List of National Natural Landmarks in Massachusetts

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The National Park Service has designated eleven National Natural Landmarks in Massachusetts. Most of these are bogs, swamps, wetlands and old growth forest.

Name Image Date Location County Description
Acushnet Cedar Swamp Acushnet Swamp-MA.jpg June 1972 New Bedford Bristol One of the state's largest, wildest and most impenetrable swamps, and an outstanding example of the diversity of conditions and species in the glaciated section of the oak-chestnut forest.[1]
Bartholomew's Cobble Bartholomew's Cobble (Sheffield, MA).JPG October 1971 Ashley Falls Berkshire Contains over 800 plant species, including North America's greatest diversity of ferns.[2]
Cold River Virgin Forest April 1980 Mohawk Trail State Forest Berkshire, Franklin Probably the only virgin hemlock-northern hardwood forest in New England, with the hemlocks and sugar maples exceeding 400 years in age.[3]
Fannie Stebbins Refuge Fannie Stebbins-MA.jpg June 1972 Longmeadow Hampden The area contains the only sizeable example of Connecticut River flood plain under preservation, exhibiting many successional stages including upland and flood plain forest, swamp, marsh, ponds, and meadows.[4]
Gay Head Cliffs Gay Head Cliffs-MA.jpg October 1975 Aquinnah Dukes An unusual cross section of Raritan and Magothy sediments of Cretaceous age and fossil-bearing sands of Miocene and either Pliocene or Pleistocene ages that rise as much as 150 feet (46 m) above sea level, resting on the continental shelf and detached from the mainland. The center of Wampanoag native culture.[5]
Hawley Bog Hawley Bog-MA.jpg May 1974 Hawley Franklin Unspoiled cold northern boreal sphagnum-heath bog occupying an old shallow glacial lake basin which demonstrates bog succession from the central open water pond to the surrounding spruce-fir forest.[6]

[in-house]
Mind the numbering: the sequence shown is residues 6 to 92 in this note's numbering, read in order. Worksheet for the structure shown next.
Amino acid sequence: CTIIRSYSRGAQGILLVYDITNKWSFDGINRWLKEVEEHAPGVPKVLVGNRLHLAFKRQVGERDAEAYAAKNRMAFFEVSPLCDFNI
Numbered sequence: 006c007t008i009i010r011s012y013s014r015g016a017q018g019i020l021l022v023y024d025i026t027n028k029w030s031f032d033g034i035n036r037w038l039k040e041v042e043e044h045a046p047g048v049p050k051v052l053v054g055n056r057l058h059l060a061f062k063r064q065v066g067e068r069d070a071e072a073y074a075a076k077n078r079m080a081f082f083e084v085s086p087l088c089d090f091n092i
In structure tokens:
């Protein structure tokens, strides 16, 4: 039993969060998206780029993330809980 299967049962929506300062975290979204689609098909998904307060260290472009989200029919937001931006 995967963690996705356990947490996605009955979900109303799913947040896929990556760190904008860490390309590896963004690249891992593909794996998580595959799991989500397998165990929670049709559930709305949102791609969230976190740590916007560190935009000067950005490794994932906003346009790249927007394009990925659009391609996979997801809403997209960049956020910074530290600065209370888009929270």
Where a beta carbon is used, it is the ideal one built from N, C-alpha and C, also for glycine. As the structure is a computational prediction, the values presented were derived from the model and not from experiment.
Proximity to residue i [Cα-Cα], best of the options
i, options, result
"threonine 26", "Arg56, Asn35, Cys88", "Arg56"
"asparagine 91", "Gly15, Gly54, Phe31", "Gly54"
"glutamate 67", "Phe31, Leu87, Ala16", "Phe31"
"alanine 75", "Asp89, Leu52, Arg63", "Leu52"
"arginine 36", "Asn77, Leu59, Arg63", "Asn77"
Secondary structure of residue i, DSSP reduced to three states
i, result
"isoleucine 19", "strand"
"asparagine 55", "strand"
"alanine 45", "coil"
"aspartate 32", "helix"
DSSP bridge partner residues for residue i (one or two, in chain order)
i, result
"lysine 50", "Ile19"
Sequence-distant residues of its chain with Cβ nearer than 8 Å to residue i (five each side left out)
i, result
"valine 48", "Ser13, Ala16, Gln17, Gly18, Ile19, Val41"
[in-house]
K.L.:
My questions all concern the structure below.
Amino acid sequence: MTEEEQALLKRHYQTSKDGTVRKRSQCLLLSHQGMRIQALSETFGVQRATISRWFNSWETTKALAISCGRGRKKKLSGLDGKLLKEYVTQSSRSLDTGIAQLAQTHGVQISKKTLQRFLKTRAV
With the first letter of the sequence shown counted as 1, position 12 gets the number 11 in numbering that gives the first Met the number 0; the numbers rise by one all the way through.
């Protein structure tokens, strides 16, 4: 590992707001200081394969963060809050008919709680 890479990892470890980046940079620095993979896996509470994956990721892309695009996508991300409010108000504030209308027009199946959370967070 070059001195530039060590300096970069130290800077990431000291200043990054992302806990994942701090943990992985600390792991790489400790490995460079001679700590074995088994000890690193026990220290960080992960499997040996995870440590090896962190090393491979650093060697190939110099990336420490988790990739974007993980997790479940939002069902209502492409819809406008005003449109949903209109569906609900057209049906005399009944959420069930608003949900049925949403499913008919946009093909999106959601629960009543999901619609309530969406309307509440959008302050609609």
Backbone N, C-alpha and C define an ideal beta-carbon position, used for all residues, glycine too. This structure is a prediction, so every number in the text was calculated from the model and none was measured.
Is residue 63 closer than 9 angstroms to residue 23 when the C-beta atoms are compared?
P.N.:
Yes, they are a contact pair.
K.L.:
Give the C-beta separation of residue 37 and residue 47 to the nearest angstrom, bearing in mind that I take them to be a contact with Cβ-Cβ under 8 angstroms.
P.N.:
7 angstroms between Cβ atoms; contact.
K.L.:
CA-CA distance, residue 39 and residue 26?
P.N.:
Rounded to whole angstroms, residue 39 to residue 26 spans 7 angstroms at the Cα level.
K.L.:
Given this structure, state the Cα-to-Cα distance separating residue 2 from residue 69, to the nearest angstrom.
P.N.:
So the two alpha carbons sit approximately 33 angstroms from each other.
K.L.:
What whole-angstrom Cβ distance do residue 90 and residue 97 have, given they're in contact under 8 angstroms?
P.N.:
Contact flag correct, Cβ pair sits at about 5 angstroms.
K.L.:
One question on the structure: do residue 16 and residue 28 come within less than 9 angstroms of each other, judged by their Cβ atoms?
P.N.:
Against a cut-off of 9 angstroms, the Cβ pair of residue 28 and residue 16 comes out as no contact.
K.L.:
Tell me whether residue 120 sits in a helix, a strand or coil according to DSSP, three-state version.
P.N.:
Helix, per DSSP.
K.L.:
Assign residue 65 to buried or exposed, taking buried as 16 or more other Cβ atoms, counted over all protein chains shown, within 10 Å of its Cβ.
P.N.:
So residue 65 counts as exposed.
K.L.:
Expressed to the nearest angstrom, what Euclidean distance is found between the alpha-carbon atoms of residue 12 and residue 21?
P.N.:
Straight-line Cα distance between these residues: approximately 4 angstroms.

Mt. Greylock Old Growth Spruce Mt Greylock-MA.jpg November 1987 Adams Berkshire This site contains three separate stands of undisturbed old growth red spruce on the northwest slopes of Mt. Greylock, the highest mountain in Massachusetts. These stands have been undisturbed for at least 150-180 years, and may be virgin. No other old growth red spruce stands are known in southern New England, while only a few comparable or better sites occur in northern New England.[7]
Muskeget Island Muskeget Island.jpg April 1980 west of Tuckernuck and Nantucket Islands Nantucket The only known locality where the Muskeget beach vole is found, and southernmost station where the gray seal breeds. The area supports an enormous nesting population of herring gulls and black-backed gulls.[8]
North and South Rivers North & South Rivers-MA.jpg May 1977 Norwell Plymouth Classic examples of drowned rivermouth estuaries, supporting at least 45 species of fish and many species of birds. The site contains salt marsh, brackish marsh, and freshwater marsh areas.[9]
Poutwater Pond Poutwater Pond, Holden MA.jpg June 1972 Holden Worcester An undisturbed sphagnum-heath bog in southern New England, illustrating ecological succession from open water in a glacial depression to upland forest.[10]
Reedy Meadow was Lynnfield Marsh Reed Marsh-MA.jpg June 1972 Between Wakefield and South Lynnfield Essex The largest freshwater cattail marsh in Massachusetts. The area preserves the habitat requirements of many bird species and serves as a breeding ground for the king rail and least bittern, rare species in the region.[11]

See also[edit]

References[edit]

  1. ^ "Acushnet Cedar Swamp National Natural Landmark". National Park Service. US Gov. Retrieved 2009-05-17. 
  2. ^ "Bartholomew's Cobble National Natural Landmark". National Park Service. US Gov. Retrieved 2009-05-17. 
  3. ^ "Cold River Virgin Forest National Natural Landmark". National Park Service. US Gov. Retrieved 2009-05-17. 
  4. ^ "Fannie Stebbins Refuge National Natural Landmark". National Park Service. US Gov. Retrieved 2009-05-17. 
  5. ^ "Gay Head Cliffs National Natural Landmark". National Park Service. US Gov. Retrieved 2009-05-17. 
  6. ^ "Hawley Bog National Natural Landmark". National Park Service. US Gov. Retrieved 2009-05-17. 
  7. ^ "Mt. Greylock Old Growth Spruce National Natural Landmark". National Park Service. US Gov. Retrieved 2009-05-17. 
  8. ^ "Muskeget Island National Natural Landmark". National Park Service. US Gov. Retrieved 2009-05-17. 
  9. ^ "North and South Rivers National Natural Landmark". National Park Service. US Gov. Retrieved 2009-05-17. 
  10. ^ "Poutwater Pond National Natural Landmark". National Park Service. US Gov. Retrieved 2009-05-17. 
  11. ^ "Lynnfield Marsh National Natural Landmark". National Park Service. US Gov. Retrieved 2009-05-17. 

External links[edit]